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Volume XI, Number 268

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When A Majority Vote May Not Suffice

The California General Corporation Law imposes an intricate set of rules with respect to shareholder approval of reorganizations (defined in Section 181).  In general, the GCL requires that the principal terms of a reorganization be "approved by the outstanding shares" (as defined in Section 152) of each class of each corporation the approval of whose board is required under Corporations Code Section 1200.  Cal. Corp. Code § 1201(a).  However, GCL includes numerous exceptions to this general rule.  Space does not permit a discussion of all of these exceptions.   However, three of these exceptions are worth noting because they impose supermajority approval requirements.  Two of these exceptions require a two-thirds vote and one requires unanimous approval. 

A two-thirds vote of each class (or a greater vote if required by the articles) of the outstanding shares of a close corporation (defined in Section 158) is required if the reorganization would result in their receiving shares of a corporation that is not a close corporation.   Cal. Corp. Code § 1201(e).   However, the articles may provide for a lesser vote, but that vote may not be less than a majority of the outstanding shares of each class.

A two-thirds vote of each class (or a greater vote if required by the articles) of a corporation that is a party to a merger reorganization (defined in Section 181(a)) is also required if the holders receive shares of a surviving social purposes corporation in the merger.   Cal. Corp. Code § 1201(f).   A social purpose corporation is a corporation formed under California's Social Purpose Corporations Act.  Cal. Corp. Code § 2509.   The Social Purpose Corporations Act is not part of the General Corporation Law.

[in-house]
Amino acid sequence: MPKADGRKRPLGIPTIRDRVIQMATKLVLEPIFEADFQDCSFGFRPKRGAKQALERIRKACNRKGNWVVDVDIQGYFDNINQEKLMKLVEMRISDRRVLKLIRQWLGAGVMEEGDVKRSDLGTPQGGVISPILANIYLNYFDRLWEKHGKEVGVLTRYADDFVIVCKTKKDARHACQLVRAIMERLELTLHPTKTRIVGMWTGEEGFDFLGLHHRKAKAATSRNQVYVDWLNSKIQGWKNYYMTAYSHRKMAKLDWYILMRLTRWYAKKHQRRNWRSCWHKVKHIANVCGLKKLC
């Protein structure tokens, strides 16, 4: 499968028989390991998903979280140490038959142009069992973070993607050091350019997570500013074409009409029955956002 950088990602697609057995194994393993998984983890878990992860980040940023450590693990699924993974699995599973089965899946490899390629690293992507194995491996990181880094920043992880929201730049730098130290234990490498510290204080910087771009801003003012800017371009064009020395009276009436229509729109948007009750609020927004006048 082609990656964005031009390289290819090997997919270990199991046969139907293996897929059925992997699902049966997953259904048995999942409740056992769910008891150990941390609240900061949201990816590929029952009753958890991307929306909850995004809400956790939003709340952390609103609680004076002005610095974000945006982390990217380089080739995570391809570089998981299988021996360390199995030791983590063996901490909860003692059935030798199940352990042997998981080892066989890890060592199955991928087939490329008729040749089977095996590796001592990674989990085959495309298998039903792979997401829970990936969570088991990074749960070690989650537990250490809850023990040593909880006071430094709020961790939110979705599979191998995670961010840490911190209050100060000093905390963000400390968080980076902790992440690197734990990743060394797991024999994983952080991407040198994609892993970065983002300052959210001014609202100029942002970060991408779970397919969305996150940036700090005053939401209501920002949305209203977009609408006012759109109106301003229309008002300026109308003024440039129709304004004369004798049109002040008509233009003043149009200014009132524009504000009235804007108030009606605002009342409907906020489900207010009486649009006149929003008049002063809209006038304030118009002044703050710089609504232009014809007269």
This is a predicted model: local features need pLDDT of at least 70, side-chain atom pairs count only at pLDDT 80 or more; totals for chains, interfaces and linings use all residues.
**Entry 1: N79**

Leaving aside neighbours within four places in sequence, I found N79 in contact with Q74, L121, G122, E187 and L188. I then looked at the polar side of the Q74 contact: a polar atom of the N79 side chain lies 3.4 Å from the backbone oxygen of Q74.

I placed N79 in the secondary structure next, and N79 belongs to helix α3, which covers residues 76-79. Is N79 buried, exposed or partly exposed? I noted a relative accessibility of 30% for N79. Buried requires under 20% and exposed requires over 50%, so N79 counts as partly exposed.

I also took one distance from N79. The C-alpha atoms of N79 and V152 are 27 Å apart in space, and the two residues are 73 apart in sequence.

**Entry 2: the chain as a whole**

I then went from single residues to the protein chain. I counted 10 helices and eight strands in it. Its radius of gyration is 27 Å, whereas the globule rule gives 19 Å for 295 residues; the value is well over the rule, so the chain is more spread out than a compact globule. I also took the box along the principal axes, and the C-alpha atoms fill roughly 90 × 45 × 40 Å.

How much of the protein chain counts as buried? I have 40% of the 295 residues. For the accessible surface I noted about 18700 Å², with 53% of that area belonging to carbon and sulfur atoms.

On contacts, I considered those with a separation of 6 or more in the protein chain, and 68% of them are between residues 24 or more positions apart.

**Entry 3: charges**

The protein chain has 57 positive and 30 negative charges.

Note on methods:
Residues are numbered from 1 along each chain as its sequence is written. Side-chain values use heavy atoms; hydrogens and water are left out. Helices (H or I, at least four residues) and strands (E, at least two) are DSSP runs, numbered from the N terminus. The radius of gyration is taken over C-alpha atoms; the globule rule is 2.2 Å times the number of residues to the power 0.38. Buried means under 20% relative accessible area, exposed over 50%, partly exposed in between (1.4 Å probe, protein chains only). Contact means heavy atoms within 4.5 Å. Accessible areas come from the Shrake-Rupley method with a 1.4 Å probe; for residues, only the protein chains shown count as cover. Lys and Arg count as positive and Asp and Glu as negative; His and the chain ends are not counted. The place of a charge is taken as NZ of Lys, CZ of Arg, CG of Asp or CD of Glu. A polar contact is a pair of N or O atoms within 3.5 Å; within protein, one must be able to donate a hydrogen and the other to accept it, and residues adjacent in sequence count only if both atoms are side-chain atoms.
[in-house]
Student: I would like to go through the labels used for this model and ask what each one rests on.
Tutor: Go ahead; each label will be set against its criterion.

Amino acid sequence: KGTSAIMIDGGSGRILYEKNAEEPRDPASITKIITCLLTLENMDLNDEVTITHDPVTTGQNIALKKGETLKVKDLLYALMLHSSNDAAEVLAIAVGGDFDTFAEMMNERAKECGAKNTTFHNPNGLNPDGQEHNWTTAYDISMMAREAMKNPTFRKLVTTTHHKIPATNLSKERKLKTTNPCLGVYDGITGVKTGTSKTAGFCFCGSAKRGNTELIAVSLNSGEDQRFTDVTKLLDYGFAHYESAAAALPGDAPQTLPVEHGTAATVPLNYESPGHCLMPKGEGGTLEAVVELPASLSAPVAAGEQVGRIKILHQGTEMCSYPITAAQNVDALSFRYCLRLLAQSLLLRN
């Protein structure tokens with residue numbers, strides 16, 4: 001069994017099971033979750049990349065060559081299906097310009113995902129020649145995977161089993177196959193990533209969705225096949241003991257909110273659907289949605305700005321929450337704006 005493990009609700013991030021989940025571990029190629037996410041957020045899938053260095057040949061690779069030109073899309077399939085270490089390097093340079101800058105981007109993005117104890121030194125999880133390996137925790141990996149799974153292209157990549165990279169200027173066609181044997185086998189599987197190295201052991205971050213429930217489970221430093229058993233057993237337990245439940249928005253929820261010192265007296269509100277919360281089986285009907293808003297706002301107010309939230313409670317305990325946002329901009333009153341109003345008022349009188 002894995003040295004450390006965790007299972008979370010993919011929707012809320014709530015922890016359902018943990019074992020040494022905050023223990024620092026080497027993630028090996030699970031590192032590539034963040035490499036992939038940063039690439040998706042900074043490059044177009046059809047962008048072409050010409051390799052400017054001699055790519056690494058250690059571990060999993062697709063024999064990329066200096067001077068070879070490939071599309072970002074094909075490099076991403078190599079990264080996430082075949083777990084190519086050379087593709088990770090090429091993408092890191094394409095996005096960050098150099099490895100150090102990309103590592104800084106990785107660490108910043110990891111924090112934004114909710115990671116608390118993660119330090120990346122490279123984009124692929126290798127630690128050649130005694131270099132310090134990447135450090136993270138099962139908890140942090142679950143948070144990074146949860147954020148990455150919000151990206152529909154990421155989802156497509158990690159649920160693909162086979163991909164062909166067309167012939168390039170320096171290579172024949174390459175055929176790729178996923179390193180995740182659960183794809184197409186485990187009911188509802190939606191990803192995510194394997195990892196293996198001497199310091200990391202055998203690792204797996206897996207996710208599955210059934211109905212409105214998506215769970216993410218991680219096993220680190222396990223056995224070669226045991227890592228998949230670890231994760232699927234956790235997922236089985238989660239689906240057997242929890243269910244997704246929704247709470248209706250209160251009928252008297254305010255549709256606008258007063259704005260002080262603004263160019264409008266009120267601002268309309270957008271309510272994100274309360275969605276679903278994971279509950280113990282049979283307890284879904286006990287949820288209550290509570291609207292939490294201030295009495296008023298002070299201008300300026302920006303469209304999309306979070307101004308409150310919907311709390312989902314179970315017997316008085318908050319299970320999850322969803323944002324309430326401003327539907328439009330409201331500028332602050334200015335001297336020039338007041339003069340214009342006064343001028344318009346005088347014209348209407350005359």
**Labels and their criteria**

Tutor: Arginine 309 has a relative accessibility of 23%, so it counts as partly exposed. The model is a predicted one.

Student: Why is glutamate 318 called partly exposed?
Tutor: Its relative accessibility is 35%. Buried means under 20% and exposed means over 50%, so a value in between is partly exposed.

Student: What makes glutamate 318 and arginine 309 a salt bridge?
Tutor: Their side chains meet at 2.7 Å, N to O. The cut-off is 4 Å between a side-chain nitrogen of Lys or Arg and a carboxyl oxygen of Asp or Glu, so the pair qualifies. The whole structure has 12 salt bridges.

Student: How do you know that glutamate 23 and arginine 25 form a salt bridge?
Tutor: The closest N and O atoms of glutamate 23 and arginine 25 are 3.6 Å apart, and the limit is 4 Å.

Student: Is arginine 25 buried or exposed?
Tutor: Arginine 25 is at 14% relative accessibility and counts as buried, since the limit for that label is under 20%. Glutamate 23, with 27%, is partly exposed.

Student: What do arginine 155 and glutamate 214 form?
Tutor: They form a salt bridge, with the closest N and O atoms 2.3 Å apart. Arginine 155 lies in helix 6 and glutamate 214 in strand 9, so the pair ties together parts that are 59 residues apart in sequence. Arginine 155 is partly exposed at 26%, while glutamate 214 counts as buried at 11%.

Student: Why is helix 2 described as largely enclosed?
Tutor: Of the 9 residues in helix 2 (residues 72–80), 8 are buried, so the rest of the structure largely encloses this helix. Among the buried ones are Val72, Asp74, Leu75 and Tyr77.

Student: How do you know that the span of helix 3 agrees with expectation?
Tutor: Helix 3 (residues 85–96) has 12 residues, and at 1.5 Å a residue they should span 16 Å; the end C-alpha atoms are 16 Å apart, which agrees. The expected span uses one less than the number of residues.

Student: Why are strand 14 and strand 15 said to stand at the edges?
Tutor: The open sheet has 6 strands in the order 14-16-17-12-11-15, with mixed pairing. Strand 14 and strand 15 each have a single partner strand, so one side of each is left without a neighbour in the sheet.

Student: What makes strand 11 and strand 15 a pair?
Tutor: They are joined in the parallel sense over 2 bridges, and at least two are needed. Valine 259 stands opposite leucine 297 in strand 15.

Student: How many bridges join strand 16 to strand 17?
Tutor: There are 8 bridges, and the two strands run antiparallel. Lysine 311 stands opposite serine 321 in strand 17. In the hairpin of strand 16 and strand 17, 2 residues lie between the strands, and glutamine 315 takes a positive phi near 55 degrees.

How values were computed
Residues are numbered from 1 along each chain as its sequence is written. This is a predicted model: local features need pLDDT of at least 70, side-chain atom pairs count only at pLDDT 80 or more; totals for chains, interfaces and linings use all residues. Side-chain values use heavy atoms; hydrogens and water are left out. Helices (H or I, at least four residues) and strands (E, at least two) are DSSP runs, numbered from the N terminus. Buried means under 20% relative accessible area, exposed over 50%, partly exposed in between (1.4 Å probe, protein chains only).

Approval of all the shareholders of any class or series is required if, as a result of the reorganization, the holders of that class or series become personally liable for any obligations of a party to the reorganization.   Cal. Corp. Code § 1201(h).   No such proposal is required if all holders of that class or series have dissenters' rights provided in Chapter 13 of the GCL.

© 2010-2021 Allen Matkins Leck Gamble Mallory & Natsis LLP National Law Review, Volume XI, Number 214
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About this Author

Keith Paul Bishop, Corporate Transactions Lawyer, finance securities attorney, Allen Matkins Law Firm
Partner

Keith Bishop works with privately held and publicly traded companies on federal and state corporate and securities transactions, compliance, and governance matters. He is highly-regarded for his in-depth knowledge of the distinctive corporate and regulatory requirements faced by corporations in the state of California.

While many law firms have a great deal of expertise in federal or Delaware corporate law, Keith’s specific focus on California corporate and securities law is uncommon. A former California state regulator of securities and financial institutions, Keith has decades of...

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